Leading up to Upstream Music Fest + Summit, the regionally focused festival happening in Pioneer Square June 1-3 with over 200 acts, KEXP will highlight a series of local artists every week with a short feature on the artist and a few tracks to start with if you're unfamiliar with their work. Today's post features Portland-based singer/songwriter Kyle Craft.
Kyle Craft's first two albums are fixated on heartbreak. 2016's Dolls of Highland and this year's Full Circle Nightmare are pieces recorded very differently -- the former in a Shreveport, Louisiana laundry room and the latter in a Portland studio with Chris Funk of the Decemberists -- but both feature a cast of heartbreakers, parking lot makeouts, and discarded items with lipstick stains. (Let's just say there is a reason his Sub Pop collection of cover songs is titled Girl Crazy.) Although Dolls of Highland is a far cry from lo-fi characteristics even having been recorded in a laundry room, there is an expansiveness to the sound of Full Circle Nightmare, an anthemic feel carries all of its songs.
We caught up with Craft on the phone while he was driving through California on tour to chat about recording alone versus recording with a band and autobiography versus fiction when it comes to his writing.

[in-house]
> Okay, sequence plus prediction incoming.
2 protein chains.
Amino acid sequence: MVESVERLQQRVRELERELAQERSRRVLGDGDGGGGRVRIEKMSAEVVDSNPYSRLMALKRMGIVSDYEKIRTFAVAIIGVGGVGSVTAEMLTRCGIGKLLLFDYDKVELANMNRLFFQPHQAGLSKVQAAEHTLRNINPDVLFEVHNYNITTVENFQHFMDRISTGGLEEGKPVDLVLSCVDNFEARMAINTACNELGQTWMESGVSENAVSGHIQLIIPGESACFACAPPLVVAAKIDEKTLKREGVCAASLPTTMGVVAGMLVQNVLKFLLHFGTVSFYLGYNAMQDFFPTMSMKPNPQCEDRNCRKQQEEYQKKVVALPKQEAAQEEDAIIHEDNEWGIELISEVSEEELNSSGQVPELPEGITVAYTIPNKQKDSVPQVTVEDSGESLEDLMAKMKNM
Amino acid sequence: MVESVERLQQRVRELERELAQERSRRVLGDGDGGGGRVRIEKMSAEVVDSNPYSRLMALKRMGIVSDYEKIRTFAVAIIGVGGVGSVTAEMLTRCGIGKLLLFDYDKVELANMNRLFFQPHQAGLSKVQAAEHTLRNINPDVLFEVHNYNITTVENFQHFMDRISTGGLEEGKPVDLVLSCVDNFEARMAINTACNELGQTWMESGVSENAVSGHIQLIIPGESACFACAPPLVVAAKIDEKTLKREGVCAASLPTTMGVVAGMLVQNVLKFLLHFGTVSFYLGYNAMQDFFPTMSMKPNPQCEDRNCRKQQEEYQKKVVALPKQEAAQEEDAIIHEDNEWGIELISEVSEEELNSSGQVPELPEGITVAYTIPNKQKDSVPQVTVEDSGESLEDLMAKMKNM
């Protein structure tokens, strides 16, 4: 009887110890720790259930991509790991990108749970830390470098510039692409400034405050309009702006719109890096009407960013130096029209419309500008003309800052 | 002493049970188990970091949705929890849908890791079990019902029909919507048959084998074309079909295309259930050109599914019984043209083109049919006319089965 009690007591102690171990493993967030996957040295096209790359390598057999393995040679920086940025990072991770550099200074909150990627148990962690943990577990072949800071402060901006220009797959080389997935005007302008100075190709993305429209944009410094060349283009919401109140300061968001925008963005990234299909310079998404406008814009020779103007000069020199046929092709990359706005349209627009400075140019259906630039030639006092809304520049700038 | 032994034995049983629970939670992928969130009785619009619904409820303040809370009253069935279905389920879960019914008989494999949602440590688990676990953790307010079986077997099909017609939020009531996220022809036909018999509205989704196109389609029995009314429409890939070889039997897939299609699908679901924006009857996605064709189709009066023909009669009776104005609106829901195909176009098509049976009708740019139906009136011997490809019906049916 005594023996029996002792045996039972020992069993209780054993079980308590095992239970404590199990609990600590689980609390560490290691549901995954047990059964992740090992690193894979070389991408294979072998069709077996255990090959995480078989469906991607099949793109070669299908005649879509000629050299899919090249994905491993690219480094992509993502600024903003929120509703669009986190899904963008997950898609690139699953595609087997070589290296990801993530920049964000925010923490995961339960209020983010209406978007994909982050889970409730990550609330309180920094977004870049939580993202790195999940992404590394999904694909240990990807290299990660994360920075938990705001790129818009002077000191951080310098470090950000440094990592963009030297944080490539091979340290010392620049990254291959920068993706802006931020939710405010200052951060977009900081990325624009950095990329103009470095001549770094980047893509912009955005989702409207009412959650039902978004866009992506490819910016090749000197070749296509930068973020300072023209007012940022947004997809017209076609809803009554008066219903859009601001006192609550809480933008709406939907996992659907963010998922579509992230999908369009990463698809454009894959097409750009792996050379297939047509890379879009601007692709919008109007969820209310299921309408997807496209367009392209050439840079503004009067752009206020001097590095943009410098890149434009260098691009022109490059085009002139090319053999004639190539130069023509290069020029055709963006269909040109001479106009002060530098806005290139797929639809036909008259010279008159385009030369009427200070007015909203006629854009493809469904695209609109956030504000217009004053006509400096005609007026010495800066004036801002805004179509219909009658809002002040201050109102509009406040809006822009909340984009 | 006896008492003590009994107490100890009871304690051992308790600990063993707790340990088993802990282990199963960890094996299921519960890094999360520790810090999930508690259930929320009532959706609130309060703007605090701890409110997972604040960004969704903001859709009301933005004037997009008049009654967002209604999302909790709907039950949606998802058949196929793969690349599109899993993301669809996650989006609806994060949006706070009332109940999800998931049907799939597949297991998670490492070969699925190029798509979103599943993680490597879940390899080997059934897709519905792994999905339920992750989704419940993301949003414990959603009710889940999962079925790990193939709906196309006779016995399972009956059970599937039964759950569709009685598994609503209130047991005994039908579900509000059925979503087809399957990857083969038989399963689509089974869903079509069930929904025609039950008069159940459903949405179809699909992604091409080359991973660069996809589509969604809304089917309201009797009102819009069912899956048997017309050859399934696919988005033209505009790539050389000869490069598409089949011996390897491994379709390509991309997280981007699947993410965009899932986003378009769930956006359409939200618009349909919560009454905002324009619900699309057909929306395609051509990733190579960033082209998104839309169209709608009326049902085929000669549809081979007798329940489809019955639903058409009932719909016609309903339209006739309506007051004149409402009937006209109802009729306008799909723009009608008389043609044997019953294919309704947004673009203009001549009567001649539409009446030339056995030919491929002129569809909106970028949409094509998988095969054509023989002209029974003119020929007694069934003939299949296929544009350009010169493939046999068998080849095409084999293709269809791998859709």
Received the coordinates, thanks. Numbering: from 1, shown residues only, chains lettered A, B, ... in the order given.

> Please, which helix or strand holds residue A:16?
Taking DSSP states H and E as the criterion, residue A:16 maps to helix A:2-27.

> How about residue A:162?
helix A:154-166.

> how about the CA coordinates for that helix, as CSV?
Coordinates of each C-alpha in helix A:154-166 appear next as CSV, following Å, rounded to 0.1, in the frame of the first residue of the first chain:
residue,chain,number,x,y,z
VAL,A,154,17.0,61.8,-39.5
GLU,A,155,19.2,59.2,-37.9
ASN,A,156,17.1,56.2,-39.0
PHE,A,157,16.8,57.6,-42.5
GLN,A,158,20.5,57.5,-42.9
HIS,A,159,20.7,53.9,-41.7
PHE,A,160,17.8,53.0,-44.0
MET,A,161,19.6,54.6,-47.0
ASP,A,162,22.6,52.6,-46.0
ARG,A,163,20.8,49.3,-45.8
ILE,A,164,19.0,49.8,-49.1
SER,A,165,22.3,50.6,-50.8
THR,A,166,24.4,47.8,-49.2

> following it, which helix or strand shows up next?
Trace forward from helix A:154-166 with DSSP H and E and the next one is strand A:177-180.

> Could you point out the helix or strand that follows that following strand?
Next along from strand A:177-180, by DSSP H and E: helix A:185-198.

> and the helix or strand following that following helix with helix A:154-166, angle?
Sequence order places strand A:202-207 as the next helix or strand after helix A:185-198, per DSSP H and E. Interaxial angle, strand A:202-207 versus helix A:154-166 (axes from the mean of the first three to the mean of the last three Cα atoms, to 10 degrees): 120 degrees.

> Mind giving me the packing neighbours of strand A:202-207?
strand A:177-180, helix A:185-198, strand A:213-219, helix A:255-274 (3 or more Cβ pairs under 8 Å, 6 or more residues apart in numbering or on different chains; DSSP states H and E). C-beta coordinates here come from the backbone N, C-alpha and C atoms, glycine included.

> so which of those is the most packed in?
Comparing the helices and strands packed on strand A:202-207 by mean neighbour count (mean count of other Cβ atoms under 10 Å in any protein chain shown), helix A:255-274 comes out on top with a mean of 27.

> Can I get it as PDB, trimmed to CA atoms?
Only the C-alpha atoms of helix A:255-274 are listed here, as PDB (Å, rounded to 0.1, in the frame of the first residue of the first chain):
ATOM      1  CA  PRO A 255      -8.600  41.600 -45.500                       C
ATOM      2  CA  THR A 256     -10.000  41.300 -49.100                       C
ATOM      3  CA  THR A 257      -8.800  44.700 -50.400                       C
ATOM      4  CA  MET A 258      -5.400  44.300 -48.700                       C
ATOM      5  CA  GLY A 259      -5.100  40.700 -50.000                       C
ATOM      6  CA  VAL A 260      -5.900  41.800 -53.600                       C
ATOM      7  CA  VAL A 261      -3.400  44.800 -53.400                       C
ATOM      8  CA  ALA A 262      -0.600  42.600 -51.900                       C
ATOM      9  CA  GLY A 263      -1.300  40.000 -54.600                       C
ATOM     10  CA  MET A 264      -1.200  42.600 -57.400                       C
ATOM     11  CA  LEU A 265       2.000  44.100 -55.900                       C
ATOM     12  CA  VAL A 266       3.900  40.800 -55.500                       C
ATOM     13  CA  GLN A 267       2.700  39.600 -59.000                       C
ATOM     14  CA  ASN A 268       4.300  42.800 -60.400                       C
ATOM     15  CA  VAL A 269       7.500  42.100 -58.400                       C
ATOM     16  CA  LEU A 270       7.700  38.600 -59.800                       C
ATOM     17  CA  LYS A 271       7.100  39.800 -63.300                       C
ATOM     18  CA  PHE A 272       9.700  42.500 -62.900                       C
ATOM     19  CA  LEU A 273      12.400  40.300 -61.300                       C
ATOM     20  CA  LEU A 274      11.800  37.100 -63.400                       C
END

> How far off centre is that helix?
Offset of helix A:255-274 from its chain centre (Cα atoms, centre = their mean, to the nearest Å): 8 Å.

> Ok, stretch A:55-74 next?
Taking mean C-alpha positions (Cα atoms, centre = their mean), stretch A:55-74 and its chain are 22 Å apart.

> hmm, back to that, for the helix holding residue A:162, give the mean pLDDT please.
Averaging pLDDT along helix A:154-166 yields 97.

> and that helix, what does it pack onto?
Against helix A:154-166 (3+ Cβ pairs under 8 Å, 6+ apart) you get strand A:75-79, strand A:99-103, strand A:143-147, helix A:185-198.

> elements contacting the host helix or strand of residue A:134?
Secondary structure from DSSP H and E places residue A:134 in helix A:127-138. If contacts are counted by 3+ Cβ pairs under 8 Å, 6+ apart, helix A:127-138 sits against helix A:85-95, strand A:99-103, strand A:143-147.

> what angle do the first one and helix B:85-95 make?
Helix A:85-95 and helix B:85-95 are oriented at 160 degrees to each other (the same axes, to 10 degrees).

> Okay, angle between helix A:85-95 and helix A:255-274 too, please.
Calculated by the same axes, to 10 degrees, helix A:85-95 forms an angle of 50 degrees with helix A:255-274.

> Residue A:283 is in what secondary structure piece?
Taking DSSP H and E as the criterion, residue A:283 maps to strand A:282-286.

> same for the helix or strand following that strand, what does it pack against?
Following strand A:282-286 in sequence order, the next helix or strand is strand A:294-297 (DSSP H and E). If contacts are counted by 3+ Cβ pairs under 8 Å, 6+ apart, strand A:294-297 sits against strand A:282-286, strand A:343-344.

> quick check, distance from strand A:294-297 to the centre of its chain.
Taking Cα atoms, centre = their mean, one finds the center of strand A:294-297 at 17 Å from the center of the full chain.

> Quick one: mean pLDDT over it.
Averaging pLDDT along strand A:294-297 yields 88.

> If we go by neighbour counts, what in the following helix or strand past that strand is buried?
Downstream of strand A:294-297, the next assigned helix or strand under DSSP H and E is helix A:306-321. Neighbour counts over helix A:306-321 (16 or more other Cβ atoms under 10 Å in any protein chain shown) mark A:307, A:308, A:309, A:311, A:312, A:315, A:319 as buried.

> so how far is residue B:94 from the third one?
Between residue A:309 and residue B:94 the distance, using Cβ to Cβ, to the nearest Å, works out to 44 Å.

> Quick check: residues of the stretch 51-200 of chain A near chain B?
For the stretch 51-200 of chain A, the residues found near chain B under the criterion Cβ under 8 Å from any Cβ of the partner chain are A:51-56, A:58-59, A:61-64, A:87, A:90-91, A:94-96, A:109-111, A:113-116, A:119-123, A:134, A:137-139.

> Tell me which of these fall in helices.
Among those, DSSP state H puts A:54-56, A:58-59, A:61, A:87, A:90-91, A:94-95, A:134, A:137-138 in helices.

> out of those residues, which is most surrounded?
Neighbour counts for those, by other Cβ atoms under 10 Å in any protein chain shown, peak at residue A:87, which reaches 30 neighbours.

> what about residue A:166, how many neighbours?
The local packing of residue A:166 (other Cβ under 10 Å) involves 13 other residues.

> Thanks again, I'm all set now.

KEXP: You still live in Portland?
Kyle Craft: Right, I do.
I know you moved to Austin for a while but what made you finally decide to settle in Portland?
After Shreveport, I knew a bunch of people in Portland and it just kind of made the most sense, just because I didn’t have the same number of people I knew anywhere else. And I always liked Portland when I passed through on tour.
So you went back to Shreveport to record your debut album?
I did. I moved to Portland to try to record Dolls of Highland and pretty much just kind of failed at doing it. I ran out of money, and my buddy in Shreveport offered up his laundry room in the house that I used to live in and let me record there for free. So after I recorded Dolls of Highland, I was like, “Alright, I want to put a band together and do this thing.” Then, I drove back up to Portland.
And you you recorded. Full Circle nightmare in Portland with Chris Funk of The Decemberists. Did you record that with the full band as well?
Yeah, I recorded Dolls of Highland by myself, and Full Circle Nightmare was the entire band and we tracked everything live except for the vocals and the horns and things like that.
Do you prefer one process over the other, whether it's recording by yourself or recording in a studio with a band? Would you ever try to record by yourself in the studio or do you just prefer recording what the band?
Honestly they’re just so different. It’s really fun to record the band live and do it like that. It’s also really fun to record by yourself or having the band putting parts together with you, one instrument at a time. So it’s all such a different experience. It’s also way different, going into a legit studio versus a laundry room.